Our History

“Because of the amount of time Intersection has been around its history is a complicated story to tell. It’s always going to be seen through the lens of how you experienced it and when, so there is a certain amount of refraction that takes place during each of our reflections. A poet reading in front of a packed audience in an old church in North Beach in the sixties would see it from a much different perspective than a visual artist whose work was installed in one of the spaces in the Mission in the eighties. Given that, and that time bends and sometimes warps memory, a historical record is never going to be precise and something is bound to be left out. What is presented here is drawn from the archives, which although they contain such minutiae as old phone messages and reservation sheets, is by necessity a broad stroke approach to telling the history of this enduring and complicated organization.”


— Randy Rollison, Executive Director of Intersection for the Arts, 2014-2021

1965 - 2022

August 16

“Intersection” was founded in the Tenderloin by an interfaith coalition of three churches in a former bar at 150 Ellis Street.

“Intersection” began as a merger of several faith-based experiments that were using art to reach underserved youth. Three church groups, sponsored by the Glide Foundation, organized artists who were conscientious objectors to the Vietnam War to teach art to youth in the Tenderloin. The organization quickly became an epicenter of new music, theater, comedy and other arts of the Bay Area in the 1960s.
January 14

We moved into our first home: the old church at 756 Union Street in North Beach.

We moved into our first home: the old church at 756 Union Street in North Beach.
May 1

Robert Johnson, Intersection Director (1966-69):

“Intersection had just taken over St. John’s Methodist Church at 756 Union in North Beach. It had been an active church, but the attendance was so bad they closed it. The Methodist Church said Intersection could have it for a dollar a year. I took the pews out and got seats from the old Surf Theater. We turned the lower level social hall into a coffeehouse. We had art exhibits there. We built a light-projection booth for Canyon Cinema. In the sanctuary they showed experimental films—short, personal films by artists like Bruce Conner. There were poetry readings: Ferlinghetti, Michael McClure, Kenneth Rexroth, Josephine Miles. We had wonderful plays like “Slow Dance on the Killing Ground.” There were so many programs going on simultaneously.”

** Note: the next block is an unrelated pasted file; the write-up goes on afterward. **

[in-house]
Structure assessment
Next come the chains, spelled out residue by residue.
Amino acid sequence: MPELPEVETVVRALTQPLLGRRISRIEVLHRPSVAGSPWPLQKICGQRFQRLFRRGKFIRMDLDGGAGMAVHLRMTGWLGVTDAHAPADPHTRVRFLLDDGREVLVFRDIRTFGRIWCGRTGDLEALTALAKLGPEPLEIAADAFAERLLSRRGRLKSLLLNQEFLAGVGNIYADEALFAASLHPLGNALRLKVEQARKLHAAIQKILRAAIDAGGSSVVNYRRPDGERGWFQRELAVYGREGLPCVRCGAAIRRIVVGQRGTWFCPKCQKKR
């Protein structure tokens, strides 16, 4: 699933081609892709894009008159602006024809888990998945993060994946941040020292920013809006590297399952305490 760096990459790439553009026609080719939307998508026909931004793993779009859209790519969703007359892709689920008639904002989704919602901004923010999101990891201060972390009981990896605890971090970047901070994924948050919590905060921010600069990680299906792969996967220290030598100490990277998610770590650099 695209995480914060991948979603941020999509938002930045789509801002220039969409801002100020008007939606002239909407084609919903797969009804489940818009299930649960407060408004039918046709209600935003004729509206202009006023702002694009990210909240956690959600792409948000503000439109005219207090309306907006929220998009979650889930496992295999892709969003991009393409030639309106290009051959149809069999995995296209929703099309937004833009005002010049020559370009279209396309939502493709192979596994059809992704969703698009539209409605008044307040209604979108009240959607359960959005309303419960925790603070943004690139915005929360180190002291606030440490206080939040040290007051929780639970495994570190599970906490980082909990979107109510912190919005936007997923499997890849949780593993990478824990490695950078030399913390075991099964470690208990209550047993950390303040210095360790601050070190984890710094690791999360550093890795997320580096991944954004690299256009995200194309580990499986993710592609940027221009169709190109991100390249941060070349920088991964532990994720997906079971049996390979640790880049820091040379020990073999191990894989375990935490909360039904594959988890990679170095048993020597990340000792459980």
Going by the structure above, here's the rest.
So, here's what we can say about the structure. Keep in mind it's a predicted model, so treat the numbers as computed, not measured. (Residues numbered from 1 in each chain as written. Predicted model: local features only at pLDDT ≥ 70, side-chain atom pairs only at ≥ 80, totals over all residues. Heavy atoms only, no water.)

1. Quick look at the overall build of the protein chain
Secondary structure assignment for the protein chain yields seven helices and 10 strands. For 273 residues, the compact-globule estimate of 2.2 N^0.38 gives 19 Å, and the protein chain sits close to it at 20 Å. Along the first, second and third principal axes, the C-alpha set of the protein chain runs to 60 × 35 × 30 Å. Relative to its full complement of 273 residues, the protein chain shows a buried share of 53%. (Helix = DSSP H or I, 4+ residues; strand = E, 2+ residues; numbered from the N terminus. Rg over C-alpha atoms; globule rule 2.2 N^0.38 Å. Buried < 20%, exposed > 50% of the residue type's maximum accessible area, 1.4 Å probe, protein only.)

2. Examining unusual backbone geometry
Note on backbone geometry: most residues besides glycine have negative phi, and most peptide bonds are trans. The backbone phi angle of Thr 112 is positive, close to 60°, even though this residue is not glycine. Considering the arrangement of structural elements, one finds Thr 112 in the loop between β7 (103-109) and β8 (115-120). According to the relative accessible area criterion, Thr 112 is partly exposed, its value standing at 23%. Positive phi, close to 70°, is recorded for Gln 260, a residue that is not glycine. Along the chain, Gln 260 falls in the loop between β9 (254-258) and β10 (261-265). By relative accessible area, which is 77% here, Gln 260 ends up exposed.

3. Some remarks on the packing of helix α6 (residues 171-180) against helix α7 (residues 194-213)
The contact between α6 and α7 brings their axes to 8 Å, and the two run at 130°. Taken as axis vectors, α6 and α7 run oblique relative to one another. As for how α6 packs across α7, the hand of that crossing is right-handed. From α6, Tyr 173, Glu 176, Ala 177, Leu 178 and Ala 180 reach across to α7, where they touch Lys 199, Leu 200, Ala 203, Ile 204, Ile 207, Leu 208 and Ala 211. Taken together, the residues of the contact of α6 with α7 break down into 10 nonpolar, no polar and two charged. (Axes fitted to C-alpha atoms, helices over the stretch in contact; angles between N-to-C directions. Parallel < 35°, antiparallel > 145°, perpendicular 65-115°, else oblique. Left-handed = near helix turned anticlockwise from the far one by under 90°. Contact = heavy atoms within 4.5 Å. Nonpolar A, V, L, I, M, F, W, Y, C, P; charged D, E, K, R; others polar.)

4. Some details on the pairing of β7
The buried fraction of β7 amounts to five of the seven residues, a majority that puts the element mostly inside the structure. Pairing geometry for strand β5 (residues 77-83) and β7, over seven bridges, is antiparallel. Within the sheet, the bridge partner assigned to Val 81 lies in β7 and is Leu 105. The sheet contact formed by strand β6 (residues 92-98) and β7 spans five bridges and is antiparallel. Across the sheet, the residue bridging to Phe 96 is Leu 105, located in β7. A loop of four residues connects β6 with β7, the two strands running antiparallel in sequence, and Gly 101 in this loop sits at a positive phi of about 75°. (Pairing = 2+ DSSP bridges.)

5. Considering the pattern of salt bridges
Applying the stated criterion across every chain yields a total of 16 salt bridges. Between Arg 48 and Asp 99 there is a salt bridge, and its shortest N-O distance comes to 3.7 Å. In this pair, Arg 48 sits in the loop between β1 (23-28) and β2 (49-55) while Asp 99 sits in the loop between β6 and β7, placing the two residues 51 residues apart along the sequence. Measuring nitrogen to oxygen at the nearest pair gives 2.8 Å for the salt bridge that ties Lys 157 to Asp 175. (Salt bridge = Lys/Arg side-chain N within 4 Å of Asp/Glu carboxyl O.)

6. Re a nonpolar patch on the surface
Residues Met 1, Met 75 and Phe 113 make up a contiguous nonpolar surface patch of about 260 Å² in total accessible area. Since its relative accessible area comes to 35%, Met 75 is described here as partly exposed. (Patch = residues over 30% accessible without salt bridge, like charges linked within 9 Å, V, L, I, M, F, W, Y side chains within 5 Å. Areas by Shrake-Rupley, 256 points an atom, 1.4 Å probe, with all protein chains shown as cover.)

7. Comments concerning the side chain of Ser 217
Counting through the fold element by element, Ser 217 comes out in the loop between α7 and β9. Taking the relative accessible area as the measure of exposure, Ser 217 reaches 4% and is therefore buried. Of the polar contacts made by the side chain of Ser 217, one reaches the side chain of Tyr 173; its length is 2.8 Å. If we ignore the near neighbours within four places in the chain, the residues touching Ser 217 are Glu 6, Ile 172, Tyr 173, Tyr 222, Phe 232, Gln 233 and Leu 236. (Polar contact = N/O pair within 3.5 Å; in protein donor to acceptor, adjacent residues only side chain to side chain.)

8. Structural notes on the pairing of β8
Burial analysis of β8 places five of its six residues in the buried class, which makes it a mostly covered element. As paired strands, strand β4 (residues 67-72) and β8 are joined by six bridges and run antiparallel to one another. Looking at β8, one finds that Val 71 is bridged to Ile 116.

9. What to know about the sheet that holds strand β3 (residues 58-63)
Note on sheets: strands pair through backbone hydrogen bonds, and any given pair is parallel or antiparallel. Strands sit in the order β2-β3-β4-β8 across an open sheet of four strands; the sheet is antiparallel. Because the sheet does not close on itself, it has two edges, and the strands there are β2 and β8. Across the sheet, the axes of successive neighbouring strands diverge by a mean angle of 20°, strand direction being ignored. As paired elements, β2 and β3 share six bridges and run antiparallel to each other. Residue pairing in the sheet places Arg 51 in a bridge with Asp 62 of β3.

May 19

Our Poetry Series

Beginning in 1966, Intersection’s poetry series was the longest continual reading series in the state of California, outside of academic institutions. The longevity of the series attracted a number of high-profile writers, but it remained dedicated to regularly showcasing the work of emerging and local writers in the San Francisco Bay Area. The series featured poets like Gregory Corso, William S. Burroughs, Gary Snyder, Lawrence Ferlinghetti, Ishmael Reed and Margaret Atwood.
February 9

Ntozake Shange, playwright and poet:

“I read there a lot in the late 70s. We had something called the Bay Area Poets Coalition and we had a symbiotic relationship with Intersection. One weekend, we had 24 hours of poetry all over the city—in Laundromats, grocery stores, on cable cars and street corners. It culminated with a reading at Intersection Sunday night. The weekend was wonderful, an enormous amount of fun and it reflected what we believed in—that poetry should be an active part of people’s lives.”
March 16

Ishmael Reed, poet: